Trump’s problems with the truth are not new, the AP commentary says, often altering the facts, from the number of people who came to his inauguration to the scope of the tax reform he signed last year. And just as he did in boasting of his lie to Trudeau, the president rarely seems ashamed to repeat claims that have proven to be false. Polls show that Americans do not believe Trump is truthful, and in a recent poll conducted by Quinnipiac, 57% of respondents said the president is dishonest. The leader’s supporters say he was elected despite similar polls during his campaign.
Such a bias often puts his advisors in the uncomfortable position of issuing strong public statements that the President immediately denies. Spokeswoman Sarah Huckabee Sanders repeatedly denied reports of McMaster’s departure in the days leading up to Trump’s announcement that he had a new National Security Advisor.
Peter Wehner, who worked in the governments of President Ronald Reagan, George H.W. Bush and George W. Bush said, “Trump has no one to blame but himself. He doesn’t even know his own position.
April 2, 2018.
Posted: Monday 02 April 2018 | 10:34:06 PM
By Juana Carrasco Martin
A CubaNews translation.
Edited by Walter Lippmann.
A recent issue of Time magazine, one of the most important American publications, has a very special cover: five teenagers – students at Parkland High School, where 17 of their classmates were shot dead by another young man who was also a student at Marjory Stoneman Douglas High School – look straight ahead with a word that crosses not only that cover, but also the claim of a majority of the concerned population: Enough, a term that can also be translated as Enough is Enough.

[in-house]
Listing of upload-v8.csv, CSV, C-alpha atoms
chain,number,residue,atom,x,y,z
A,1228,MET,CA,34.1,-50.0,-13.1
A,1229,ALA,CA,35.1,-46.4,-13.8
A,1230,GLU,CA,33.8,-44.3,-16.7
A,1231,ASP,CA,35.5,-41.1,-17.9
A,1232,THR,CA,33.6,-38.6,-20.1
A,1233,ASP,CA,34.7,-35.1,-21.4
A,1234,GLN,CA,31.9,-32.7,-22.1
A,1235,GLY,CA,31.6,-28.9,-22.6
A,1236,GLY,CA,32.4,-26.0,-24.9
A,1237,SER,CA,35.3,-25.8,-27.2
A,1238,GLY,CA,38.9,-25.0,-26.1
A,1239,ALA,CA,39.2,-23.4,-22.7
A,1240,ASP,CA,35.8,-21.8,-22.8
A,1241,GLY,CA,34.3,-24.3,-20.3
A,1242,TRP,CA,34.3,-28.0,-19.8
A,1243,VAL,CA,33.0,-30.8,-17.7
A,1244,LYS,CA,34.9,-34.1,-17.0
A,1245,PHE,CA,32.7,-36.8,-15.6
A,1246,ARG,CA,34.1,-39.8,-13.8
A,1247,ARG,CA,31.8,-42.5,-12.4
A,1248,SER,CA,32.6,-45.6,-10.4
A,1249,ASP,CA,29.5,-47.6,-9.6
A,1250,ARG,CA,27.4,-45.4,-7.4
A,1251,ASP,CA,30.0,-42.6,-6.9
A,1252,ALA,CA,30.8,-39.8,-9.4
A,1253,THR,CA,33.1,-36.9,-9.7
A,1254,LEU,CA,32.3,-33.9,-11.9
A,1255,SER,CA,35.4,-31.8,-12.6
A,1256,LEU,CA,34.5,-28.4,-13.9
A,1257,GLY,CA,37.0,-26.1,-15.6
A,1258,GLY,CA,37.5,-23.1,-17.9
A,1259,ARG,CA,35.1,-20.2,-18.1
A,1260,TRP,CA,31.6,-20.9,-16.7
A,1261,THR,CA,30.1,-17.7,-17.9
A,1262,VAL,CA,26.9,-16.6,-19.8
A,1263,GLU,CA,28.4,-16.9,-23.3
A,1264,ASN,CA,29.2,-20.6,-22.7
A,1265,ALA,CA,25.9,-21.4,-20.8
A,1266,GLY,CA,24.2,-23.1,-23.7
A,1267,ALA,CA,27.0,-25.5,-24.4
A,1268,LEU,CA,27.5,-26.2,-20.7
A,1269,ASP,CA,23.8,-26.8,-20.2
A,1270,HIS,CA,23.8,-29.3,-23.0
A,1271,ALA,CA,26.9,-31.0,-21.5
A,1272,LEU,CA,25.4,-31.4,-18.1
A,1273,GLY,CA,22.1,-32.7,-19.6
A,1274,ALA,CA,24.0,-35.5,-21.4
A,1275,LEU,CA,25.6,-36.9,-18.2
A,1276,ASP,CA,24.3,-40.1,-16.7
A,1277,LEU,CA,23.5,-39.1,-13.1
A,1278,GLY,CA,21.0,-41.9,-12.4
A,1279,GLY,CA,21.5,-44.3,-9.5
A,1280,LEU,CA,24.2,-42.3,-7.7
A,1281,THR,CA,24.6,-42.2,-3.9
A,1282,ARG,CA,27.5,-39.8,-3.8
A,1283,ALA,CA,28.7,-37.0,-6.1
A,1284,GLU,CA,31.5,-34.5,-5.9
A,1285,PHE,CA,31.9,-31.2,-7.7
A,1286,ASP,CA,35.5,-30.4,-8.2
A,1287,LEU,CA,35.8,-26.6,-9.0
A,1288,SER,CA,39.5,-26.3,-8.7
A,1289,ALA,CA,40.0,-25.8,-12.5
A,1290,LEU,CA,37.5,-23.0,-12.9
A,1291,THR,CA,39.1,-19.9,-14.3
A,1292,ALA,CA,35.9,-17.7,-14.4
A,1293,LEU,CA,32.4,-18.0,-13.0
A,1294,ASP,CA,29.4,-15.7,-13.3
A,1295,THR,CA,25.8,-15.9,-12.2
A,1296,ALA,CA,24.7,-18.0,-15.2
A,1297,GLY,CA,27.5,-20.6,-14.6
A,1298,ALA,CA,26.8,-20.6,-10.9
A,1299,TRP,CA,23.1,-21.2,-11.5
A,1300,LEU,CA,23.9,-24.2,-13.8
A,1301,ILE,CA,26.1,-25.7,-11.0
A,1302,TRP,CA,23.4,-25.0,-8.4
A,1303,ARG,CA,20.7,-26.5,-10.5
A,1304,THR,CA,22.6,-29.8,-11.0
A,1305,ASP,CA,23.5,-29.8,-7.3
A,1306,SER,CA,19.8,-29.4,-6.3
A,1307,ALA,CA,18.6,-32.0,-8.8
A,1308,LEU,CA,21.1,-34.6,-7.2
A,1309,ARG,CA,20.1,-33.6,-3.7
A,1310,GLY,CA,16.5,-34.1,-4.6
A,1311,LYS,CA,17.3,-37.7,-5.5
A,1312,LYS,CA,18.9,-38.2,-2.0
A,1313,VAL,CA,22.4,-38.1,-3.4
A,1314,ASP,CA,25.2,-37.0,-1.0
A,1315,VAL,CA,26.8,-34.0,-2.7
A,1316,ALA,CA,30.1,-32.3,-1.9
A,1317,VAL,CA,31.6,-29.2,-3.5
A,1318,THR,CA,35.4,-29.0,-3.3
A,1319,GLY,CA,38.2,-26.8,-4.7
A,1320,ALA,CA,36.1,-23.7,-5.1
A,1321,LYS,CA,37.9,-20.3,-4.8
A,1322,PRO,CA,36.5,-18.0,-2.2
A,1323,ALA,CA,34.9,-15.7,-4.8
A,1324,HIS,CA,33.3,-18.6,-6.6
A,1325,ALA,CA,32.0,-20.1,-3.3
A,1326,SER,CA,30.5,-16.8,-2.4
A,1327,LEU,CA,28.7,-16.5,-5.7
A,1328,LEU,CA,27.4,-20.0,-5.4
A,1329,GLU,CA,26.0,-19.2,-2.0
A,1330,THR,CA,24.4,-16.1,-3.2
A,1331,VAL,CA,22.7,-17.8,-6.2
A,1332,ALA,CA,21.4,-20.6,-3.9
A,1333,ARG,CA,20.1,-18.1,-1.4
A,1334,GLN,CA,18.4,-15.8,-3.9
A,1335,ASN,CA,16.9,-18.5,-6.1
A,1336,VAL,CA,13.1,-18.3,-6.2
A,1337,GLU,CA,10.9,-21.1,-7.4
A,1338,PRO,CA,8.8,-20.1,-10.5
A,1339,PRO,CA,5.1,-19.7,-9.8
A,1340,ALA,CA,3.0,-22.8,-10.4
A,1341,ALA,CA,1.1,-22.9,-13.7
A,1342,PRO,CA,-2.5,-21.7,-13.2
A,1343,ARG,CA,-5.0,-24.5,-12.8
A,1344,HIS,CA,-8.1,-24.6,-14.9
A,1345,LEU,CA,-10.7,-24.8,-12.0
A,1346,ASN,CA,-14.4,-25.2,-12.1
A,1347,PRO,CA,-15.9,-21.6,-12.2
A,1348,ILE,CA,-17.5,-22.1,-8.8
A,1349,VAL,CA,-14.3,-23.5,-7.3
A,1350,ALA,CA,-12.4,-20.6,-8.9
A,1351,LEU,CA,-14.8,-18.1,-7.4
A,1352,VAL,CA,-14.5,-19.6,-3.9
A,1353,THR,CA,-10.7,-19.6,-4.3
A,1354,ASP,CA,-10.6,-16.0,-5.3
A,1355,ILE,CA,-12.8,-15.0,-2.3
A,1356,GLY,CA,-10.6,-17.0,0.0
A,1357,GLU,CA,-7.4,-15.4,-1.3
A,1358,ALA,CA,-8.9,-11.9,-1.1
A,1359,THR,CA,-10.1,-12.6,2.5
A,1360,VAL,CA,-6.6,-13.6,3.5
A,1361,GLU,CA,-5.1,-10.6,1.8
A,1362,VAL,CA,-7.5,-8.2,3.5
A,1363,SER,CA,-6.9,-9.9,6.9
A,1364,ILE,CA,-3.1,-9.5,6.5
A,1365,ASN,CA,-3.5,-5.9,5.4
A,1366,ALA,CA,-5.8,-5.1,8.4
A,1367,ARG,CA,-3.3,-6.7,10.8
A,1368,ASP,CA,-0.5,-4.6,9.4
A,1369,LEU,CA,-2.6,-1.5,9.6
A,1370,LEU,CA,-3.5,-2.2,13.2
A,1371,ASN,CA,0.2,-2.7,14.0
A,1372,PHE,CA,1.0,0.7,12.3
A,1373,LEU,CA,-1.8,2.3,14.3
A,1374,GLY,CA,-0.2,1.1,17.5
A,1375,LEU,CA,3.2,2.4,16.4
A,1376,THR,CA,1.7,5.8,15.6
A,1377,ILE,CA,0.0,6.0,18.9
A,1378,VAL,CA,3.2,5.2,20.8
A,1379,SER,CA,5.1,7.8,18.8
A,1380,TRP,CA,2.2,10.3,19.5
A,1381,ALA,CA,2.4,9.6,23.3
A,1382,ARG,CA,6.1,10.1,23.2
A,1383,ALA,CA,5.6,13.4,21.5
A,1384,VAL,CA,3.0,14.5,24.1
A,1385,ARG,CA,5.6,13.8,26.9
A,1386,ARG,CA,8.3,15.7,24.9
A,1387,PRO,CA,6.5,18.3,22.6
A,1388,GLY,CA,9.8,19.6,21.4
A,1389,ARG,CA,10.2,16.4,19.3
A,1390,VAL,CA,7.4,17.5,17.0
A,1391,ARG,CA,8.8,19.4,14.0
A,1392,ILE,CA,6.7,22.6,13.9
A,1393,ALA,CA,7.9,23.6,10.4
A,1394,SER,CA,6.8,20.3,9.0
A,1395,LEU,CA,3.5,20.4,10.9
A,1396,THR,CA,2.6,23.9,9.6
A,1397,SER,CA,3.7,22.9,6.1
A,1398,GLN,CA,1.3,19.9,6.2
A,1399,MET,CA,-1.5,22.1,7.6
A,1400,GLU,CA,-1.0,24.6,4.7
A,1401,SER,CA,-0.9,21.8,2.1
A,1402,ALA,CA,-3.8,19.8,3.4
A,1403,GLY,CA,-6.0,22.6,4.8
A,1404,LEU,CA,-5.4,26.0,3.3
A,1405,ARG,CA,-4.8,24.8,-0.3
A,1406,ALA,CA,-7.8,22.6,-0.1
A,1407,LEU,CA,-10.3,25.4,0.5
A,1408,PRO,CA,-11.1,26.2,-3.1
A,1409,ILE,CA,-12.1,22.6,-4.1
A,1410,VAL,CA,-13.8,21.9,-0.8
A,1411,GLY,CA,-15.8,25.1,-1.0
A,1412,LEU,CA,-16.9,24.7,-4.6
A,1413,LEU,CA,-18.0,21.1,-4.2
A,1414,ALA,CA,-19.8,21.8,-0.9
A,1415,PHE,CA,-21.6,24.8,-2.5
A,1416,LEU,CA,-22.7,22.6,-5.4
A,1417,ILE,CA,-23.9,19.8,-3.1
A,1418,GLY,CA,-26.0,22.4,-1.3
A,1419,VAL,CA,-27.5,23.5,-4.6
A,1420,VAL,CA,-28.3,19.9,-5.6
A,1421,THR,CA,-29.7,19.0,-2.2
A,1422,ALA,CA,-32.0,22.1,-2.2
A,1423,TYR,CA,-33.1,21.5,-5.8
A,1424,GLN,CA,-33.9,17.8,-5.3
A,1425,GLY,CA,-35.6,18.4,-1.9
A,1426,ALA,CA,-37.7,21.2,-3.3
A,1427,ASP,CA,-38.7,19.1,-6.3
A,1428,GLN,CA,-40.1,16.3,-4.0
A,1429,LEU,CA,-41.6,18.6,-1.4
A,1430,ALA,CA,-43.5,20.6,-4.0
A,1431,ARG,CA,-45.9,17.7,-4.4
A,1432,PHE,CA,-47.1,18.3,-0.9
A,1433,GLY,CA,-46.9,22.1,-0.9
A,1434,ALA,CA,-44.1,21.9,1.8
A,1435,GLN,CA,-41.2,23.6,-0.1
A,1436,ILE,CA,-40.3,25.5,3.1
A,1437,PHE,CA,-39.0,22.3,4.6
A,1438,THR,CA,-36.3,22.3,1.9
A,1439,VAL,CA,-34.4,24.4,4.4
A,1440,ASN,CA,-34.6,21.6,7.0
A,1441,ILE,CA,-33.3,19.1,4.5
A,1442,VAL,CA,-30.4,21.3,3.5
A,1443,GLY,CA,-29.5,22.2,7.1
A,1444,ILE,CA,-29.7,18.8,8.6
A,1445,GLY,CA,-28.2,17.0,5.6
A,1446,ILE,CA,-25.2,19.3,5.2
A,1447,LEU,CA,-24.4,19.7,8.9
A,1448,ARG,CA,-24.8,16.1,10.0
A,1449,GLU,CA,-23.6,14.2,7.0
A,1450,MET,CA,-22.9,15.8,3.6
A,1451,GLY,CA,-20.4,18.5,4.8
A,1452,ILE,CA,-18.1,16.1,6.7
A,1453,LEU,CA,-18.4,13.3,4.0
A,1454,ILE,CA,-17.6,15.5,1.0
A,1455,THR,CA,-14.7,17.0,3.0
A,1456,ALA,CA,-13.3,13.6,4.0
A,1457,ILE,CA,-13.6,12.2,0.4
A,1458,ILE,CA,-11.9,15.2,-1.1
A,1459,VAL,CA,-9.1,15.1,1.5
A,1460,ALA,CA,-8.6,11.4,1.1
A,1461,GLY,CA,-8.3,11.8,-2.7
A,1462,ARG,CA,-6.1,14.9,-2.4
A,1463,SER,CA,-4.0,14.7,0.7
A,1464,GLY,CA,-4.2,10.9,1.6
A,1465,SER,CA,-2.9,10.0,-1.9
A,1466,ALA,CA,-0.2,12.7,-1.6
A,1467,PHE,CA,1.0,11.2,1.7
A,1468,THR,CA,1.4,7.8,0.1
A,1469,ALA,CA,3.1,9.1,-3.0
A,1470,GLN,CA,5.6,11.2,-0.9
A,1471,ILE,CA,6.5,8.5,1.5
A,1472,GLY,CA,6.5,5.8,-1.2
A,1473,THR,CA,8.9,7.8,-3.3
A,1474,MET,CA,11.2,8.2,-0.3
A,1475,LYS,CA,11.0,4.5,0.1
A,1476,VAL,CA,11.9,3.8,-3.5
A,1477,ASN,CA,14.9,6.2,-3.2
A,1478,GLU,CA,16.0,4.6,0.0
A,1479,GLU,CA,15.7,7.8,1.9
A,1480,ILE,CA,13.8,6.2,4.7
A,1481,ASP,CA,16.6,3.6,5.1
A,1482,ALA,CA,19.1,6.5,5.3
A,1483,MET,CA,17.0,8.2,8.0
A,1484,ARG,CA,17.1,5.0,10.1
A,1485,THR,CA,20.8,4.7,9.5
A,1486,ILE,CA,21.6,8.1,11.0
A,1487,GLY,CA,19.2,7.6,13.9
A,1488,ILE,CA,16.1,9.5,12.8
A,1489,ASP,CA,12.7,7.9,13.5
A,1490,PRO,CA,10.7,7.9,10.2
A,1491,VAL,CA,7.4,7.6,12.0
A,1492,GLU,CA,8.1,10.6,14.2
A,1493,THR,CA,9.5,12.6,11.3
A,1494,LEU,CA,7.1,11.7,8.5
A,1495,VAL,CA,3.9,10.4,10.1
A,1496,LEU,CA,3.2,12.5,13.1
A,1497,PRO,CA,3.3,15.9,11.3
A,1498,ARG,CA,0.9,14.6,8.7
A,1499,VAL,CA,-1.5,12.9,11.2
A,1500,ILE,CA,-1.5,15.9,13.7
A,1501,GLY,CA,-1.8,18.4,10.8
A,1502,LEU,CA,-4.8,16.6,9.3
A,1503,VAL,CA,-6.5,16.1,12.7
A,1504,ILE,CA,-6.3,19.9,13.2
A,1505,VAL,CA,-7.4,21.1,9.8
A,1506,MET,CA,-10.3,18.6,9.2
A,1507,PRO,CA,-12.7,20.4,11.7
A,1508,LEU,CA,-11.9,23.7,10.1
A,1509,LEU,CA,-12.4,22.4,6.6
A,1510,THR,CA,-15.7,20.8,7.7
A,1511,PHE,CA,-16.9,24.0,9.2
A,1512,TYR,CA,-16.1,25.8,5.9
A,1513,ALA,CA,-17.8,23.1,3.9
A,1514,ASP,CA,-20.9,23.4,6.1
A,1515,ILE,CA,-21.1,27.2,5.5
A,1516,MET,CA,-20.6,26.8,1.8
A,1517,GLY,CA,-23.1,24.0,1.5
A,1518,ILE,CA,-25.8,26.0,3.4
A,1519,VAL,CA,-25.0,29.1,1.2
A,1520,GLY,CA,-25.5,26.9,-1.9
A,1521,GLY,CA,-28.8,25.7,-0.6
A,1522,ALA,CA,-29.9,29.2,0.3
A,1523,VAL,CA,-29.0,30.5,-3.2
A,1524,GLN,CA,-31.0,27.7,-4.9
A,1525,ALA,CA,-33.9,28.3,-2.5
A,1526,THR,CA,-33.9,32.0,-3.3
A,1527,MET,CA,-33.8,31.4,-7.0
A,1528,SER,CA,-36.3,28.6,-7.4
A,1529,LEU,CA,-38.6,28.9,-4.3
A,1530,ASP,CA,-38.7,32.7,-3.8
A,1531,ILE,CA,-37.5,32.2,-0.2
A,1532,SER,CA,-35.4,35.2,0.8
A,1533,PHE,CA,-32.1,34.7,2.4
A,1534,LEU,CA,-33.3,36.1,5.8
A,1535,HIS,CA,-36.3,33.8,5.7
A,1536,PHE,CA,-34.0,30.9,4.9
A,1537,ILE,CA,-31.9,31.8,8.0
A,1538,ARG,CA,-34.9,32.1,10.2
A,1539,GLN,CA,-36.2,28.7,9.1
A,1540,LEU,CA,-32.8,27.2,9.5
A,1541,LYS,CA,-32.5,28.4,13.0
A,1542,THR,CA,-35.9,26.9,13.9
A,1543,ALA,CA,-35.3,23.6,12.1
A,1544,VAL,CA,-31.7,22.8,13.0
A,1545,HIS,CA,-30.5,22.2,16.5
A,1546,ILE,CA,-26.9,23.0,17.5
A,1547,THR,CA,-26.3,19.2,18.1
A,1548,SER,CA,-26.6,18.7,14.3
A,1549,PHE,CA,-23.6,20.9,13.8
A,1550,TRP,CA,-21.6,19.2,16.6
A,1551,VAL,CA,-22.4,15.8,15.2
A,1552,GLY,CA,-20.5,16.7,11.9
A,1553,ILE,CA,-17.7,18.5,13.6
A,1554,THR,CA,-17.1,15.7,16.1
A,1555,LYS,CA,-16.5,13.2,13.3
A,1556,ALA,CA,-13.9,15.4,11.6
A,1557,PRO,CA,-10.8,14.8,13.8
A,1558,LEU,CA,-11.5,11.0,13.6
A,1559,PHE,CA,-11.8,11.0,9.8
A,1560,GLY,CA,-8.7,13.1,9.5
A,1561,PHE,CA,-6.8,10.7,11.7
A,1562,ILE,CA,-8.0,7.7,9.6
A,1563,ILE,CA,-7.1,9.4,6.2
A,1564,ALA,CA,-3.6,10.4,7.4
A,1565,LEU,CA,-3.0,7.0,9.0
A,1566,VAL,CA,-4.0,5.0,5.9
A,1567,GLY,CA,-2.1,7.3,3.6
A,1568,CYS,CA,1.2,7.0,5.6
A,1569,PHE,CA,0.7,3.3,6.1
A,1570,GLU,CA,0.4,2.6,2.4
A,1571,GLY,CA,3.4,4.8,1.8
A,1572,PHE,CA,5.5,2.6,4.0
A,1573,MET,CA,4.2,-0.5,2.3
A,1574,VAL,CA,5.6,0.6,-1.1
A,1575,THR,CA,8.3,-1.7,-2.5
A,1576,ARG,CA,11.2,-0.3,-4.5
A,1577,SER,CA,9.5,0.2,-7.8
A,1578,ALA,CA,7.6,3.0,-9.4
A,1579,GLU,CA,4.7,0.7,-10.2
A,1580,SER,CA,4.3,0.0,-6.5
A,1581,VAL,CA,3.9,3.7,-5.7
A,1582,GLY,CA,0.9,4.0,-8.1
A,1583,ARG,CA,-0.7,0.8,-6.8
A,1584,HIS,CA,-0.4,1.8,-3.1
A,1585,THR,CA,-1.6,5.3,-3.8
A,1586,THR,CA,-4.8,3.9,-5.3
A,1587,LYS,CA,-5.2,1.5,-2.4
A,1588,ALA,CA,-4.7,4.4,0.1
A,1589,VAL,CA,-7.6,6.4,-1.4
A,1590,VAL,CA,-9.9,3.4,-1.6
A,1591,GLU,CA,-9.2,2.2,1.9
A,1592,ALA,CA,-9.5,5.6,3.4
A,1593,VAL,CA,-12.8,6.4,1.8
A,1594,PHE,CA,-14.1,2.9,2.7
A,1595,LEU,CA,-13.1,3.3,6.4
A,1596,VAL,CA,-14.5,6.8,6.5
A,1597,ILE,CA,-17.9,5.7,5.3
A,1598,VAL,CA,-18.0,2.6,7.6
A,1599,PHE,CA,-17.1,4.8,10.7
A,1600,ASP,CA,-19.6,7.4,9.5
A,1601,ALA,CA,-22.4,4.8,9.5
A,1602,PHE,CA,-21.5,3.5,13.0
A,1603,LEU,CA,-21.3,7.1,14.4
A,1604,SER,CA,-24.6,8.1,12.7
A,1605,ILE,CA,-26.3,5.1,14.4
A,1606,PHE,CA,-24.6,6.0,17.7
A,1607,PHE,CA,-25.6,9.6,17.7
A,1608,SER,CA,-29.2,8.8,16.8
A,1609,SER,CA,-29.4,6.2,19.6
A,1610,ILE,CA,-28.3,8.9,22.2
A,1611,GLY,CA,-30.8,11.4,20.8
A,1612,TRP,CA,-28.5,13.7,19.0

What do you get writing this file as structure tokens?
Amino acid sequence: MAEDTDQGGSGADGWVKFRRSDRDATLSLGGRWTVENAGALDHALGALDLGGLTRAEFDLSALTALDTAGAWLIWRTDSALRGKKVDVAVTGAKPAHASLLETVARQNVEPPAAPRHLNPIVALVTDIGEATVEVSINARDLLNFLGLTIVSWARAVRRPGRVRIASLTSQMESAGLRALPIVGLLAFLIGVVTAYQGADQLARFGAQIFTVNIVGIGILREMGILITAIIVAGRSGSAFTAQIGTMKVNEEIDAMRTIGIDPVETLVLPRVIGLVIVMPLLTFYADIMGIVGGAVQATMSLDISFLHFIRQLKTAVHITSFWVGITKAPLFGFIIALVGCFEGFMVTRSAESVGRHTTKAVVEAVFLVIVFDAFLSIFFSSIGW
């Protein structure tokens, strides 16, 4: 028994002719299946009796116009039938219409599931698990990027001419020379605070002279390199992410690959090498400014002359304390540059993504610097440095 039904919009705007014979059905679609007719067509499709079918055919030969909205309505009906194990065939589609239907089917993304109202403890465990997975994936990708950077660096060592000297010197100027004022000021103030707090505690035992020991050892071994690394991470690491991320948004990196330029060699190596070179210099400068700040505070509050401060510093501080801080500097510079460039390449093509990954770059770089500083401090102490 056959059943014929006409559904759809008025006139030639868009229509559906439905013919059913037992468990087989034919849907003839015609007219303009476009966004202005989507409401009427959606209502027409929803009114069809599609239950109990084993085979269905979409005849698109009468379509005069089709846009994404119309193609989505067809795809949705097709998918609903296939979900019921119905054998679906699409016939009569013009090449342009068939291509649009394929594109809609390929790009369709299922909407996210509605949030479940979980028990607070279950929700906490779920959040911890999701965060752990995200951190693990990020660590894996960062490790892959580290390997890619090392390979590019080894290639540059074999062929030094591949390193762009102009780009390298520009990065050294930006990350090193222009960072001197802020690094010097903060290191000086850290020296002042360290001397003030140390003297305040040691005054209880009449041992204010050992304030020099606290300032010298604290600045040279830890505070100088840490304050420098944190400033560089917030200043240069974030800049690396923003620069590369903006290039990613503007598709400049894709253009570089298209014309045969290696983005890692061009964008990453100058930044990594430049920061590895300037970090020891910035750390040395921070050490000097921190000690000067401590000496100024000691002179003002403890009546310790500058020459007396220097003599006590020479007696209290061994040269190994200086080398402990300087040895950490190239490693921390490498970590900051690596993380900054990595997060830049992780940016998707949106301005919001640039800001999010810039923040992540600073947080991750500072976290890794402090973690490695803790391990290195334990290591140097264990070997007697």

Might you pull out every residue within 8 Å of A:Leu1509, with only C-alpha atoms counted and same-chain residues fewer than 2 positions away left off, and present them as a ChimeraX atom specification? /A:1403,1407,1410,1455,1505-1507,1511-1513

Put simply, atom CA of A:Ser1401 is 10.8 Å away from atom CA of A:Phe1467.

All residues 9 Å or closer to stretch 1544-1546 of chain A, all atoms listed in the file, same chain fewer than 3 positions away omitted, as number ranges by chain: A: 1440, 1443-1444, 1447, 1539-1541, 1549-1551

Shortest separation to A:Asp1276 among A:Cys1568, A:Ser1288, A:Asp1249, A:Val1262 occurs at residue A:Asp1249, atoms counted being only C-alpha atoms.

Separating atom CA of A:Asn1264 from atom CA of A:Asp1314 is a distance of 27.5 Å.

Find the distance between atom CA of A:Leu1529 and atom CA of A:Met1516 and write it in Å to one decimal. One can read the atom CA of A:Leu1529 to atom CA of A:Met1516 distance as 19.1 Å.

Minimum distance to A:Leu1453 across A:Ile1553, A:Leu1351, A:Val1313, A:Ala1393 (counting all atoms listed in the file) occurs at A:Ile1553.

Among the young people are Emma Gonzalez, David Hogg and Cameron Kasky, who have become spokespersons and advocates for control over guns in private hands in the United States. They are activists against armed violence, which is almost an epidemic in the northern nation, and they demand measures from their legislators to make the country’s schools and streets safe.
However, their demand does not have many receptive ears in the political class, where many of its members are tied to the National Rifle Association that thrives on this business. But the young people persist. A month after the shooting, many U.S. schools held 17 minutes of silence in honor of the 17 massacred in Parkland. A march went through Washington, the nation’s capital, with sibling marches in cities and towns across the country. They called for a change in the permissive and enabling rules and laws for these irrational crimes. It was the largest demonstration ever held in the United States for this purpose.
A recent AP-NORC survey emphasizes that national support for arms control is currently at its highest level in five years. About seven out of 10 adults favor stronger laws on the issue, representing 69 percent of respondents, The Hill said.
So, what does the president do? He calls for states in the Union to hand over weapons to teachers and school employees to answer Fire! with Fire!, a simple lesson in insanity….